Although day-light savings time does not officially end until, Sunday, November 1, 2009, you can already see that it starts to get darker at an earlier hour than before. Now that fall is upon us, you should consider whether or not your employees are geared up for the fall season. And, the best way to [...]
If there is one common theme that runs through almost every safety tip that gets published online or in the pages of an OSHA manual, that theme would be “awareness.” Staying aware of one’s surroundings, the activities of others in a work area, and of the safety policies designed to protect workers at a facility or job site are all key components of avoiding a work-related injury.
Fire safety is an overriding concern at many work sites. This is particularly true in segments of industry which routinely handle flammable materials, be they petroleum-based liquids, solvents or fuels, combustible dust or even lumber and paper storage facilities which constantly battle the drying effect of heat buildup.
Compressed gas is a fixture at many job sites, but it is also an element which can pose a several potential hazard in terms of worker health and safety. As a result, the Occupational Safety and Health Administration has imposed many layers of clear regulations and guidelines designed to help protect those who work with compressed gases from the dangers that surround their use.
The Occupational Safety and Health Administration (OSHA) has been forced to reiterate the policies outlined in their Grain Handling Facilities standard, due to a rash of recent injuries and fatalities in the industry. The reminder serves to draw attention to section 1910.272 of the standard, which outlines a comprehensive safety policy that can help to save lives and prevent the type of accidents which have recently grabbed headlines.
Not all construction takes place within the relatively safe confines of a building job site. Some of the most dangerous construction jobs are found on America’s highways, where speeding cars, the dark of night and inclement weather all combine together to create one of the most challenging and hazardous work environments in the country.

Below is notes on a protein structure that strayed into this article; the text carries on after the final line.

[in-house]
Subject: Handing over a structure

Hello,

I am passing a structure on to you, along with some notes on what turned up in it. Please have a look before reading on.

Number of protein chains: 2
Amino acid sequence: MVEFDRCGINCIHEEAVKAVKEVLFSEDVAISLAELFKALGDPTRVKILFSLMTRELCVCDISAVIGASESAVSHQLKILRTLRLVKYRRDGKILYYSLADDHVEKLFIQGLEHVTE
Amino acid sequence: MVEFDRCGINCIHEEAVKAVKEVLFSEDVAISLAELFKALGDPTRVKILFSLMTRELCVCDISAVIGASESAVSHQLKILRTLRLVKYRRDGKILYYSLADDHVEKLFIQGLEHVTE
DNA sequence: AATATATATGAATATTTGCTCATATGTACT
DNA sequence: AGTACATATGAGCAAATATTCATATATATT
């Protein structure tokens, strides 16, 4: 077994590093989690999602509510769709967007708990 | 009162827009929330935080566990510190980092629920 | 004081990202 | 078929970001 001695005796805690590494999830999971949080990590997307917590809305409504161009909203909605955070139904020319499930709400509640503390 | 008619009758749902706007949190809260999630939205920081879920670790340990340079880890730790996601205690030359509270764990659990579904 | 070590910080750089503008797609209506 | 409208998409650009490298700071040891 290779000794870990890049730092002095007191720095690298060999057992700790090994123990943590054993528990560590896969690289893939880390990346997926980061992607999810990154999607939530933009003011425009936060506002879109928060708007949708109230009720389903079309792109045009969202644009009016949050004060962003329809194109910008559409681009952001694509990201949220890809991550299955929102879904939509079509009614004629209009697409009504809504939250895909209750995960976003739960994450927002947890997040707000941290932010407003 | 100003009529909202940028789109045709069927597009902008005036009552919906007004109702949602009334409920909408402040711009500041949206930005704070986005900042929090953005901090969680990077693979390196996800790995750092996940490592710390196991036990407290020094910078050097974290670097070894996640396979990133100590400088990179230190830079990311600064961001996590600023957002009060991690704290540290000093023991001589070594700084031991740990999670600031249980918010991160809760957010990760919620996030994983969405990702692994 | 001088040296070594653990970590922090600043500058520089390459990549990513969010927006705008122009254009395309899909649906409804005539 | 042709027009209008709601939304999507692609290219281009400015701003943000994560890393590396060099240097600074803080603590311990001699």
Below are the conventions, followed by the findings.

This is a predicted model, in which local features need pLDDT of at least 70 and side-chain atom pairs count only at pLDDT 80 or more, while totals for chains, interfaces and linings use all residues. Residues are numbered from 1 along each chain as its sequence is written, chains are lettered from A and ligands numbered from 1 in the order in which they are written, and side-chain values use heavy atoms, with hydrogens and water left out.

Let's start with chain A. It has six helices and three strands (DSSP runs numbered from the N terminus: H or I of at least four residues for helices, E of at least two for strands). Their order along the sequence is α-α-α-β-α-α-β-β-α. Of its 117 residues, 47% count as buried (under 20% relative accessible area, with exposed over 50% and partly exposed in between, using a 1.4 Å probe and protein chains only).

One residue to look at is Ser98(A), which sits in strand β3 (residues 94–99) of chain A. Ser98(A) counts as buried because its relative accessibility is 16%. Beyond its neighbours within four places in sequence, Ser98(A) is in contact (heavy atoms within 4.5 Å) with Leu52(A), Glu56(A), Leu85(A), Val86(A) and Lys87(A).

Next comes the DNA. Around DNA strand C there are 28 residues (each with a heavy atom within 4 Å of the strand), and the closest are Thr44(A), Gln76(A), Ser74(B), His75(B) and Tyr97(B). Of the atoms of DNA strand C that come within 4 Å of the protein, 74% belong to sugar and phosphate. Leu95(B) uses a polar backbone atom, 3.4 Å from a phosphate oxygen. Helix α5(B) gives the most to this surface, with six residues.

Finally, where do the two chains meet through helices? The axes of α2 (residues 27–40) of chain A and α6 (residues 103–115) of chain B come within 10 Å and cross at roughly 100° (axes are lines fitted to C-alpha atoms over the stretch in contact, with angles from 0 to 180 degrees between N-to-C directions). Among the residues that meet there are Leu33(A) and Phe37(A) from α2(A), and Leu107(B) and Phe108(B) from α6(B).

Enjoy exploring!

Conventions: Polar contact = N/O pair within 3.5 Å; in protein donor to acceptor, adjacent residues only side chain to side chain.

When OSHA detailed their new focus on recordkeeping, safety analysts began wondering if an ergonomic standard may be in the works.
The Occupational Safety and Health Administration (OSHA) released the details of their Site-Specific Targeting 2009 program this month. SST-09 expands the organization’s standard number of workplace safety inspections to specifically target an additional 4,000 worksites that have been deemed “high-hazard.” These particularly dangerous workplaces have been divided across three specific segments: manufacturing, non-manufacturing and nursing homes.
Forklift operation is a bit more complicated than it might at first seem. The demands of balancing cargo loads, weight transfer and safe maneuvering mean that piloting a forklift takes a specialized skill set – certainly more than just transferring basic driving skills onto a new platform.
With colder weather on the horizon in many states, and with some northern climates already in the grip of temperatures bordering on uncomfortable, it is once again time to consider the ergonomic and safety implications of outdoor work during the winter season.